Letters to the editor: April 25, 2018

Israel at 70 Unity Walk

St. Louis Friends of Israel was pleased to join so many other community organizations and over a thousand individuals on Sunday, April 22 as we all participated in the Unity Walk from Temple Israel to Shaare Emeth, and then continued the celebration of Israel’s 70th Anniversary at Shaare Emeth. It was a fabulous event, and it again demonstrated that our St. Louis Community openly and enthusiastically supports the State of Israel. In particular, we would like to congratulate and thank Rabbi Brad Horwitz and Yael Treger of the Jewish Community Center; the wonderful Creve Coeur police department; all of the other participating organizations; and the many staff people and volunteers who helped make the day a tremendous success. May our community and all friends of the State of Israel continue to go from strength to strength. Am Yisrael Chai

St. Louis Friends of Israel Steering Committee: Marcy Cornfeld, Laura Goldmeier, Traci Goldstein, Stuart Klamen, Galit Lev-Harir, Donald Meissner, Mike Minoff, David Rubin, Richard Senturia and Irl Solomon


Lashon hara and civic responsibility

In last week’s Jewish Light, Rabbi Michael Rovinsky cautioned against engaging in lashon hara (“After release of House report, widespread calls for Greitens’ resignation”).  I concur.  Nonetheless, I write separately to address one’s civic responsibilities. Responsible free speech, speech aimed at raising the bar in politics and government; speech addressing current events — however distasteful or embarrassing the speech may be — does not necessarily constitute the offense lashon hara

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Are we as American Jews required to wall off our civic responsibilities of engaging in polite discourse to the point of not demanding that an elected official resign from office for alleged conduct that calls into question his ability to perform his constitutional oath of office?  Where does the law of the Talmud end and civic responsibility begin? 

The rabbis of the Talmudic Age who sat on the Beis Din performed their civic responsibilities as judges.  And we, too, have a civic responsibility to engage in meaningful speech about the alleged actions of misconduct and potential criminal wrongdoing by Missouri’s governor.  We have a responsibility to ourselves, to our community and to the State of Missouri to engage in meaningful discourse respecting the issue of whether or not Gov. Eric Greitens should be impeached, convicted and removed from office.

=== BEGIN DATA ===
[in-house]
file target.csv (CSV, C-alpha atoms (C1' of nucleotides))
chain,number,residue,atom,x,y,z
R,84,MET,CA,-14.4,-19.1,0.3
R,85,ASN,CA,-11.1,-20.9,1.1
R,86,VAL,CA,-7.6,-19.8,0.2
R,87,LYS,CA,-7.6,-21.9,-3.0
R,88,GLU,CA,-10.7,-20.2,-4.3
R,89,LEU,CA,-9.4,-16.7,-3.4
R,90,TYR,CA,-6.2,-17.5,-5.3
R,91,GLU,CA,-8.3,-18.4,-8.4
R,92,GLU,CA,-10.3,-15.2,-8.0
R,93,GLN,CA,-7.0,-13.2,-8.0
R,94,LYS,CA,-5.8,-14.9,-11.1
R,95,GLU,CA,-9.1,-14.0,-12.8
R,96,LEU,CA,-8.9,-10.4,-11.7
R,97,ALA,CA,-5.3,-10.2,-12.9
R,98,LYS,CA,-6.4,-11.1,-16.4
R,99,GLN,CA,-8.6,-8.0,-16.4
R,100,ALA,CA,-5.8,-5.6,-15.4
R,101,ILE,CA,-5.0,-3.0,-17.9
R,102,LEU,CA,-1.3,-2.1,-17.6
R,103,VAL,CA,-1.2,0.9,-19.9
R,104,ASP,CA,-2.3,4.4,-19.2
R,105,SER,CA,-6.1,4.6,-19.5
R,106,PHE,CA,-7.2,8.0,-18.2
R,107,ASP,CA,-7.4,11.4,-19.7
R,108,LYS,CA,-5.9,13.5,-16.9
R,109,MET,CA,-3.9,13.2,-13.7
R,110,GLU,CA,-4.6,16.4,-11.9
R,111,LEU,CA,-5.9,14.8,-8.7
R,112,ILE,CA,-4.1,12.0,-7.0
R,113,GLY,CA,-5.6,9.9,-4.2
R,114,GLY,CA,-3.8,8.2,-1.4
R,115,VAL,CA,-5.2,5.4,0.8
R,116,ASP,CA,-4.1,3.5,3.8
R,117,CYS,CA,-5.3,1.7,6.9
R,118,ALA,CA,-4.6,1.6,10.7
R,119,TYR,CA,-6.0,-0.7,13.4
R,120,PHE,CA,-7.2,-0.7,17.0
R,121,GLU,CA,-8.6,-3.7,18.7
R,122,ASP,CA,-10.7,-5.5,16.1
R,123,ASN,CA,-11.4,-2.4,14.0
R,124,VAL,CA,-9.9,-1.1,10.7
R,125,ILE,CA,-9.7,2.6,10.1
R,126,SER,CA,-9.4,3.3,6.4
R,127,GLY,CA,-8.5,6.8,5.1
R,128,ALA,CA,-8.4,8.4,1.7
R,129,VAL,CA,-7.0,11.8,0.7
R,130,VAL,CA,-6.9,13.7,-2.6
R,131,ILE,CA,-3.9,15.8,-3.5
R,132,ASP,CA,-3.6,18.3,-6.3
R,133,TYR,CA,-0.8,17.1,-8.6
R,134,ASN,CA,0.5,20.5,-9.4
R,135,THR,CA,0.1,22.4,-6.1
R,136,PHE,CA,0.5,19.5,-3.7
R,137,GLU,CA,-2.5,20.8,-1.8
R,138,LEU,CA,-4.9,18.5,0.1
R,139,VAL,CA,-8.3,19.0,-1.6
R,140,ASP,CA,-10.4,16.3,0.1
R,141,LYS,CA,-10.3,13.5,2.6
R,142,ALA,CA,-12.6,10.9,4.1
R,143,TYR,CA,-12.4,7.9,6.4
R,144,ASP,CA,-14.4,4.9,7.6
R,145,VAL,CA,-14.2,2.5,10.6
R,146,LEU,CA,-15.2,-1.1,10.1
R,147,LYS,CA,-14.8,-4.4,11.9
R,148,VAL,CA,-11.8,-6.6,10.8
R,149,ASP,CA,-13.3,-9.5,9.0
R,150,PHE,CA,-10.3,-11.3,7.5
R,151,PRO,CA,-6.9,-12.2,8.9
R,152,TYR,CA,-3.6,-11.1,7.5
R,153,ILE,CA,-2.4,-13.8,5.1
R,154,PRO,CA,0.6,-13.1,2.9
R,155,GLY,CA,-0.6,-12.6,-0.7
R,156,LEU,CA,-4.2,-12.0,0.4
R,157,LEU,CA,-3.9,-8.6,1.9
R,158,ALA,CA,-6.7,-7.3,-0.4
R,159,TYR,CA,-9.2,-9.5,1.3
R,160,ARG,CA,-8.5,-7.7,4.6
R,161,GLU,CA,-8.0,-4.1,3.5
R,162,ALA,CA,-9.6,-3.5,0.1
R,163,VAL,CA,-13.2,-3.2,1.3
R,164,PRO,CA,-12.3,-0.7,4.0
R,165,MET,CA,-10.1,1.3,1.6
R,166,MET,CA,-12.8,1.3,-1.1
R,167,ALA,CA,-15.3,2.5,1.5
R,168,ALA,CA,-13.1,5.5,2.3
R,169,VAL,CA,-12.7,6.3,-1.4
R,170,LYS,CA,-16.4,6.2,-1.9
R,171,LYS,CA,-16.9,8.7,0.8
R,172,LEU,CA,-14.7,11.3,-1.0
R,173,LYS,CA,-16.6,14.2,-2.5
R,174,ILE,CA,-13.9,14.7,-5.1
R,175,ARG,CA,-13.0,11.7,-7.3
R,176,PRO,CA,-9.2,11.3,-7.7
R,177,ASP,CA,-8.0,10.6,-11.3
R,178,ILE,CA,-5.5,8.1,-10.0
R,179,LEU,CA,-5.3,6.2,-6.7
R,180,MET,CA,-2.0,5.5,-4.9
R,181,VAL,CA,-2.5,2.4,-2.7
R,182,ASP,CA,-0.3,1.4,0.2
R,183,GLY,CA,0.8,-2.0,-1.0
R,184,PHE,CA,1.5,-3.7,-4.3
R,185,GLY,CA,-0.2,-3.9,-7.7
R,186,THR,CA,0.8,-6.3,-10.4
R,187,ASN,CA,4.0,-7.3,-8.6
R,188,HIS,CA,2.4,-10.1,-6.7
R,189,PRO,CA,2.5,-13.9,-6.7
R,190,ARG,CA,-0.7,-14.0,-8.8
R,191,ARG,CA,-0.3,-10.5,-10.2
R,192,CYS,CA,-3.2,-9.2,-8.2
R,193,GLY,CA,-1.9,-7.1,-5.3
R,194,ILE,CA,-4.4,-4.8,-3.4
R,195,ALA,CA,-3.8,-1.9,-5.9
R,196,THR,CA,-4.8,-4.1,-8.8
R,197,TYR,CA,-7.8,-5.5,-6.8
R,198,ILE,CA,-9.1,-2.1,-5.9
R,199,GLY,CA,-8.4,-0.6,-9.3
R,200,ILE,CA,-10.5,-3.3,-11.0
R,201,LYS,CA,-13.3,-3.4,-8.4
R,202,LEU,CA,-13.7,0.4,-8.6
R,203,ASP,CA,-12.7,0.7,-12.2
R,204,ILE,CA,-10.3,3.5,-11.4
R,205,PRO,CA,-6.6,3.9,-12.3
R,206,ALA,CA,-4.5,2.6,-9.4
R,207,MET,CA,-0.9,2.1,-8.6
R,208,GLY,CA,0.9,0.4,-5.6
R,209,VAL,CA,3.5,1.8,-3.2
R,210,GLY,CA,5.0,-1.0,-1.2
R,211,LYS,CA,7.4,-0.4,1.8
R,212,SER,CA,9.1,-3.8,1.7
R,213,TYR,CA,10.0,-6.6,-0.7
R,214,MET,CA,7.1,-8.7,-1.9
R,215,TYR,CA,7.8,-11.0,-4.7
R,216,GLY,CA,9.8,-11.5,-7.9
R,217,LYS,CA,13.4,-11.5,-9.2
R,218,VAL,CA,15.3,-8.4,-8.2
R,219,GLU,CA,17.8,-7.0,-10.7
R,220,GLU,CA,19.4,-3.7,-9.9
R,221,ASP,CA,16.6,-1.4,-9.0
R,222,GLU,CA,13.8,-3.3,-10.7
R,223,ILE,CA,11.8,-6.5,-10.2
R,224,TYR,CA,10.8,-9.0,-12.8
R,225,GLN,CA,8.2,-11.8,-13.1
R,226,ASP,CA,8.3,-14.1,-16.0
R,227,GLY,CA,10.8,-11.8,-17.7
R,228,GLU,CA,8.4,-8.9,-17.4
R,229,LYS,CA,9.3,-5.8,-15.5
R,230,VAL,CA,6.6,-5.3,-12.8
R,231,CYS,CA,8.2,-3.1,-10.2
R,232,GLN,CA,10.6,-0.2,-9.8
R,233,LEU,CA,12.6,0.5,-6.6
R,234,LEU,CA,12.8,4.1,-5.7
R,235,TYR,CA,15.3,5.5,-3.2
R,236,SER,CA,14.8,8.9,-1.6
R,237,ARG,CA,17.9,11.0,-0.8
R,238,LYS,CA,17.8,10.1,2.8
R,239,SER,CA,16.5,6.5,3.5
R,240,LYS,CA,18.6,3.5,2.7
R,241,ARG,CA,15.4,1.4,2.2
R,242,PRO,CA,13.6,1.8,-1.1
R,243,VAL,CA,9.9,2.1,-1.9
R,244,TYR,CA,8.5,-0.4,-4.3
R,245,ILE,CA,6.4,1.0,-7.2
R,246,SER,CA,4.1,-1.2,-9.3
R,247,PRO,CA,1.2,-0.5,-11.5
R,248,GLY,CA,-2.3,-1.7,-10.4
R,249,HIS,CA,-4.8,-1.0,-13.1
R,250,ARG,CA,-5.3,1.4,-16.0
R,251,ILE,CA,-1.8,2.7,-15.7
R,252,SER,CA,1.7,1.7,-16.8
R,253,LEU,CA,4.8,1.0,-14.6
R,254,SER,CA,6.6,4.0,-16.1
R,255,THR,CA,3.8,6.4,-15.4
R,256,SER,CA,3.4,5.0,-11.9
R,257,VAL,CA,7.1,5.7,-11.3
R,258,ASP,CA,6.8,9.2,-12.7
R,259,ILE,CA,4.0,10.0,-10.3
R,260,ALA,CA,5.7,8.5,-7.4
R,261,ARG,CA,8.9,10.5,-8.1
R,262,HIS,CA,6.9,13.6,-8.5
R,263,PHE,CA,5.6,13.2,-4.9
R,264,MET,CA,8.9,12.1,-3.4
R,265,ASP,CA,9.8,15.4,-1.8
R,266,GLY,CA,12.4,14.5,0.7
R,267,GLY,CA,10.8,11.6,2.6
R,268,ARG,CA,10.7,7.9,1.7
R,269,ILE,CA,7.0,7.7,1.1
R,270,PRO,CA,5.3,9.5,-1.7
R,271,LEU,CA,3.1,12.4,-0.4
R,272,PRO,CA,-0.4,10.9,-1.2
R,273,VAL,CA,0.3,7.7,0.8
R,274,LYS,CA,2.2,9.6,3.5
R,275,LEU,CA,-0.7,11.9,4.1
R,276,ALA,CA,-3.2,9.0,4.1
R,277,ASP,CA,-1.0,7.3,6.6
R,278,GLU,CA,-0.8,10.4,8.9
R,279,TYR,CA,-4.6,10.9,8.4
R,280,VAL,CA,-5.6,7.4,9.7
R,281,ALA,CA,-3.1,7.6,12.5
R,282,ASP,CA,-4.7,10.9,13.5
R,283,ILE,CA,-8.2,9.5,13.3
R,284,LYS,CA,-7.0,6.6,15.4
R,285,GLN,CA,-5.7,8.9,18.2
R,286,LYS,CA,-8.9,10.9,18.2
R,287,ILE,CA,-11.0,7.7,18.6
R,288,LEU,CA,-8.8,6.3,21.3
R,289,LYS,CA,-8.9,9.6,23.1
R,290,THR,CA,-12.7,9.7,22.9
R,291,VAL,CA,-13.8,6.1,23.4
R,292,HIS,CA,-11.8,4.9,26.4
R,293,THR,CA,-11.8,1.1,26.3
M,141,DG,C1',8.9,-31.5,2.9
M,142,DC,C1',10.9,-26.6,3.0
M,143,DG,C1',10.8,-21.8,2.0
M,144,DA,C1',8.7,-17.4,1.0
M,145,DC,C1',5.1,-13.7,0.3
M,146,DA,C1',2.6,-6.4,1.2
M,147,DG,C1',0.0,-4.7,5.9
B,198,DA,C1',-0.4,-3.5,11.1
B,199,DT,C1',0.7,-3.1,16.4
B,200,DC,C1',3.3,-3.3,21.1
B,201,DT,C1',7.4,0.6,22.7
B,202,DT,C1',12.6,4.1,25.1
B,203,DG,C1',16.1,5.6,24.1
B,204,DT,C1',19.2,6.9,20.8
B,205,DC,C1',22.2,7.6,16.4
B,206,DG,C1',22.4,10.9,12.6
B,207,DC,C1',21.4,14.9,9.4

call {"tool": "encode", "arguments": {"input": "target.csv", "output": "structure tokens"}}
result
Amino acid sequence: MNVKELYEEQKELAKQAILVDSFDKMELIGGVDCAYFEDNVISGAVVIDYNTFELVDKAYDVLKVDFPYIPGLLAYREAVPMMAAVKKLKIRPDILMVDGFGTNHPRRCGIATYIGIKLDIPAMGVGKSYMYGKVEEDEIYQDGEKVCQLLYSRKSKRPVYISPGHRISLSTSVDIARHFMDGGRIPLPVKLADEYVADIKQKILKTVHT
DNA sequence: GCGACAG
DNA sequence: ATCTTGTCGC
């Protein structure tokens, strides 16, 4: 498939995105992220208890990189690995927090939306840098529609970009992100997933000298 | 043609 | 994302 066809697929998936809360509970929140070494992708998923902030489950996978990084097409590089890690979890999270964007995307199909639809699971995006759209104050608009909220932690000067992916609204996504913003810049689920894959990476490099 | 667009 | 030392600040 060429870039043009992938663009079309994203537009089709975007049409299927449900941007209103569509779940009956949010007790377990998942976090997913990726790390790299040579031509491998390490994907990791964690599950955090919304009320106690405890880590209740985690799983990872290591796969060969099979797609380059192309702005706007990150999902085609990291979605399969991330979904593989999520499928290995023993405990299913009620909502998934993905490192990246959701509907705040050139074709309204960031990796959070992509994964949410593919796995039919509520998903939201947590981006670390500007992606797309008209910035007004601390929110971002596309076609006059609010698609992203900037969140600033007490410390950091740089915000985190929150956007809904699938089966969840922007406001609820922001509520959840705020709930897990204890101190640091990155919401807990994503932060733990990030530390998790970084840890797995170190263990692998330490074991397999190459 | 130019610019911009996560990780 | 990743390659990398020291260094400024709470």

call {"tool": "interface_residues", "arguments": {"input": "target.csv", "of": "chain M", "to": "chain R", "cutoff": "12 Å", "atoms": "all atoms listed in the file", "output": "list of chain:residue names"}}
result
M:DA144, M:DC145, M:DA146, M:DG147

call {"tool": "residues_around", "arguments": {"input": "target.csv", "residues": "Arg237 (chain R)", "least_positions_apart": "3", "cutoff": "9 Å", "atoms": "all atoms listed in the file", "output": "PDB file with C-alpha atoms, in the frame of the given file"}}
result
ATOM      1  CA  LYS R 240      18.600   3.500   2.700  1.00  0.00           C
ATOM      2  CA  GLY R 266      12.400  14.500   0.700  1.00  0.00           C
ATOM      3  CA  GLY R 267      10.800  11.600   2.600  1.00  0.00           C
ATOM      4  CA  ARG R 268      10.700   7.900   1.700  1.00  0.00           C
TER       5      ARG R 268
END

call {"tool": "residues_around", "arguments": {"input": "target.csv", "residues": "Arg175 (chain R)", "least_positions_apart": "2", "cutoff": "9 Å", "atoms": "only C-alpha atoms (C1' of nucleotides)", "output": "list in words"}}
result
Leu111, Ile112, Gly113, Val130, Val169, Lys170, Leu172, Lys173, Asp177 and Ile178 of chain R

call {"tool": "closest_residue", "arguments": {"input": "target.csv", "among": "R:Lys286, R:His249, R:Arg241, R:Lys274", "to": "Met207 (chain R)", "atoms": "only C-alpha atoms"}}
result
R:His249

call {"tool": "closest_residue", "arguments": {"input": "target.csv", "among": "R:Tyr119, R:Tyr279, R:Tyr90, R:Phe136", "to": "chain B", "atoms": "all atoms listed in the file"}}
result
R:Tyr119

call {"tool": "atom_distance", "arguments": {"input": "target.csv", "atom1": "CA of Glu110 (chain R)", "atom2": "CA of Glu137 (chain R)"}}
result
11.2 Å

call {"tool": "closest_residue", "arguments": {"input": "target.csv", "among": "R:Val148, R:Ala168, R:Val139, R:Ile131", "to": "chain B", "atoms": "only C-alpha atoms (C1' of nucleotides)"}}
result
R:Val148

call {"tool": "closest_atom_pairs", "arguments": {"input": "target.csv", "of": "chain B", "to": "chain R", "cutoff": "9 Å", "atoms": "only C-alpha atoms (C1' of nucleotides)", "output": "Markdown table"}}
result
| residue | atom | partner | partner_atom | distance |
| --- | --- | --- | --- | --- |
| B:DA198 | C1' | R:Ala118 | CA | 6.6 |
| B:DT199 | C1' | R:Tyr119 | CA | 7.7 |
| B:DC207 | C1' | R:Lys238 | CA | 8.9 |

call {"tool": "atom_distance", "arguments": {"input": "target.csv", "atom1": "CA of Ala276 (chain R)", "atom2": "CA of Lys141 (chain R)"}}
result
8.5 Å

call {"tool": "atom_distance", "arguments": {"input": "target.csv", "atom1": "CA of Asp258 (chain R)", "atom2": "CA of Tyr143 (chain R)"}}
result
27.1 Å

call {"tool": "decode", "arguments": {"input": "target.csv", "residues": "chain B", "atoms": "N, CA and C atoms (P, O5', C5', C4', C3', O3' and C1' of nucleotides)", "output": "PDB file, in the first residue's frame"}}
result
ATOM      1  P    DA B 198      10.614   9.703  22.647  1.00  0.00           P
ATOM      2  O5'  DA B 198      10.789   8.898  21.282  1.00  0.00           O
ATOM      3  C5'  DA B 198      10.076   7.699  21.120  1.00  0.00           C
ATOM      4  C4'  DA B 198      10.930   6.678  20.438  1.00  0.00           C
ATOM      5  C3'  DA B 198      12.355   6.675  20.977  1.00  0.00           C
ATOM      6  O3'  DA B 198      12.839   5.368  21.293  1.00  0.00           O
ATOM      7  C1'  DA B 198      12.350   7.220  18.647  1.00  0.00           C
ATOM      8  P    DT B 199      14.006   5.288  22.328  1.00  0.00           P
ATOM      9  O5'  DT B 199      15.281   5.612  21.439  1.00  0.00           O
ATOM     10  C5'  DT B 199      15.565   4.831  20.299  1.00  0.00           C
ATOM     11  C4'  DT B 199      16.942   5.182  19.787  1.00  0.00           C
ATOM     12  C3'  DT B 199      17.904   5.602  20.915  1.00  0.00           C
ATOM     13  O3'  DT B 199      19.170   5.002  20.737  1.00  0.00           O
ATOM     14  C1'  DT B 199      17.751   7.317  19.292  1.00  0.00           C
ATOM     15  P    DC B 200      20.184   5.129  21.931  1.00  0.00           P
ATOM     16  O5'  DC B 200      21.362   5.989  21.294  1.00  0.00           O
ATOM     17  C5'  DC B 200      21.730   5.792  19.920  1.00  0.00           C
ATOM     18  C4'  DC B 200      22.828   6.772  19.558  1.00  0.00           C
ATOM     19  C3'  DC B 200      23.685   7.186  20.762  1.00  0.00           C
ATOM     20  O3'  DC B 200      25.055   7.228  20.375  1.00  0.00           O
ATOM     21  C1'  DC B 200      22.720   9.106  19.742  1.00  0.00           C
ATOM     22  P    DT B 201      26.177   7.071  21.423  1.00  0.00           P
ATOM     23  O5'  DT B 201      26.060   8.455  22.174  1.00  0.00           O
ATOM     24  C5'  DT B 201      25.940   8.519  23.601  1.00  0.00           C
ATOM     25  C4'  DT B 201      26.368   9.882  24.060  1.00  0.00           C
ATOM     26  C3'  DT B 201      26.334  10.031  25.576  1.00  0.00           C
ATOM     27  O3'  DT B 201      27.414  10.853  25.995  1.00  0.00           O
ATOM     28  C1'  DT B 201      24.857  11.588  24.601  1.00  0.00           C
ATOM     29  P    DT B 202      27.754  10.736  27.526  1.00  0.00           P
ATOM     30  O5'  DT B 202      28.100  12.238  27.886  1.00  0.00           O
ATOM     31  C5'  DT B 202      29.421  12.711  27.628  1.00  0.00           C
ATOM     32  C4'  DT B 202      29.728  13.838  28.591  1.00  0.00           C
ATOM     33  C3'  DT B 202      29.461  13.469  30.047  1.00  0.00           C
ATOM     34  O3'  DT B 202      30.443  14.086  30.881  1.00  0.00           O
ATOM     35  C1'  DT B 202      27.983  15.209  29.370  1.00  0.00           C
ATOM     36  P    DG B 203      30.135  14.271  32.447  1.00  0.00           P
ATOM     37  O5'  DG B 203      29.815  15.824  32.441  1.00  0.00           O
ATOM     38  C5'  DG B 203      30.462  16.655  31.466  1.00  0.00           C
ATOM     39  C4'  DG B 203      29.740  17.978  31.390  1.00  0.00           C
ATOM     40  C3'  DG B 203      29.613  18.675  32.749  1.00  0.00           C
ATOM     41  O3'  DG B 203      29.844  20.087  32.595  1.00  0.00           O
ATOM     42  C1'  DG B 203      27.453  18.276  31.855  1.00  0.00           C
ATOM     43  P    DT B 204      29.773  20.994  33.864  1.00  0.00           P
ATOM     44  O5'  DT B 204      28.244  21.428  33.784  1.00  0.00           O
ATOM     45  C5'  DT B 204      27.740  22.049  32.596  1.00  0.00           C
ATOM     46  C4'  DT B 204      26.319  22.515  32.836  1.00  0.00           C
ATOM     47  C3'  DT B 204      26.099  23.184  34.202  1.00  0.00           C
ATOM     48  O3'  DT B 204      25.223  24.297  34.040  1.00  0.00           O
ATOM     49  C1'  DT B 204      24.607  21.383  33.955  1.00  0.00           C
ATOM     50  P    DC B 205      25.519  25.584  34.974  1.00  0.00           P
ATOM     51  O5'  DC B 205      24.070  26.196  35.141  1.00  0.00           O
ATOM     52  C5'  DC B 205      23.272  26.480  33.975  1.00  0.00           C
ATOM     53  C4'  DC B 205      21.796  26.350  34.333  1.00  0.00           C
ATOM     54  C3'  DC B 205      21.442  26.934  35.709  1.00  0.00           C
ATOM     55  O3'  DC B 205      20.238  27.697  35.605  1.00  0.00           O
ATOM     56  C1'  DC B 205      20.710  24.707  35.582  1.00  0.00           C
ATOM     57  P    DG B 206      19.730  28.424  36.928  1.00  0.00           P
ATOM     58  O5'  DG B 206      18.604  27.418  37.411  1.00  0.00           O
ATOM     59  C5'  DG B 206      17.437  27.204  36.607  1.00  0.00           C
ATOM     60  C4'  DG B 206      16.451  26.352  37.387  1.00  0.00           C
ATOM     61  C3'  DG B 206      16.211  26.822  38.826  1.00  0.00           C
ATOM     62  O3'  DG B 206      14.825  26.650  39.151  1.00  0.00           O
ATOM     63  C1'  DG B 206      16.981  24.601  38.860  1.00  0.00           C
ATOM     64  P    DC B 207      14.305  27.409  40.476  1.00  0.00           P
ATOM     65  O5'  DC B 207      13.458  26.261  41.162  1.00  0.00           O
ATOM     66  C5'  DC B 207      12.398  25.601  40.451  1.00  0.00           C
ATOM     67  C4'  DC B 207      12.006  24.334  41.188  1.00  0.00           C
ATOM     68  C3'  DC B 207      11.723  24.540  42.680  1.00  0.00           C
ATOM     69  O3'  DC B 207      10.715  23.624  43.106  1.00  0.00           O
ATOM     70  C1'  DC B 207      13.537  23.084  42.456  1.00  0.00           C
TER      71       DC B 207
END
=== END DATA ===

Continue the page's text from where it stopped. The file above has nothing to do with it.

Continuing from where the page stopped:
Last but not least, as a legal historian, I would be remiss in my obligation to you, the reader, by not stating that the constitutional standards for removal from office of a Missouri state official does not mirror that of the Constitution of the United States.  Missouri’s 1945 Constitution provides that one can be impeached, convicted and removed from office on the grounds of being incompetent. 

 Can a governor facing trial on criminal charges for invasion of privacy competently perform the office of governor? Can a governor facing a second indictment for computer crimes competently serve the people of Missouri? These are hard questions. They are meant to be just that. And we, as Americans, Missourians and voters have a civic responsibility to engage in respectful and meaningful discourse on whether Gov. Eric Robert Greitens should resign or face the ignominy of impeachment. 

What would the rabbis of the Talmudic Age say if we were to abandon our civic responsibilities in hard times?  If we don’t discuss the issues before us now, when will it be appropriate to engage in such discourse?  If not now, when? 

Rabbi Joseph Fred Benson, legal historian and retired Missouri Supreme Court Archivist, Jefferson City, Mo.


Where is the peace partner?

Reading two recent articles in the Light was like entering a movie theater for the last half of the feature and wondering what went on during the first half. Where did Mahmoud Abbas’s ongoing hatred for Israel (Jan. 17 edition) originate and where is the outrage that the current PLO plan for the destruction of Israel (Jan. 24 edition) contained in its 1974 Phased Plan has never been repudiated by the PLO?

Current Arab nationalism and hatred for Israel has nothing to do with settlements, or their demand for land that they claim as their own. In 1921 Mohammad Amin al-Husayni was appointed Grand Mufti of Jerusalem by the British High Commissioner Herbert Samuel when Palestine was under British Mandate. Amin was the founding father of the Arab National movement, a political activist who worked tirelessly toward the destruction of Jews in Palestine and a dedicated Nazi collaborator. He refused to accept the existence of the Jewish State or its sovereignty over land given it. 

Mahmoud Abbas continues this mindset 97 years later and this is the explanation for why the PLO has never been a partner for peace (Jan. 24 edition). The Phased Plan confirms the PLO was born with a commitment to the destruction of Israel. Abbas is an unlikely candidate for an Arab peace partner regardless of the hopes and wishes of United States and world politicians who continue to live in a fantasy world that allows them to think Abbas wants what they want.

Until the first half of the feature is seen the last half will continue to be misinterpreted. And the PLO continues to pay the families of suicide bombers who kill indiscriminately.

Bruce Stoliar, St. Louis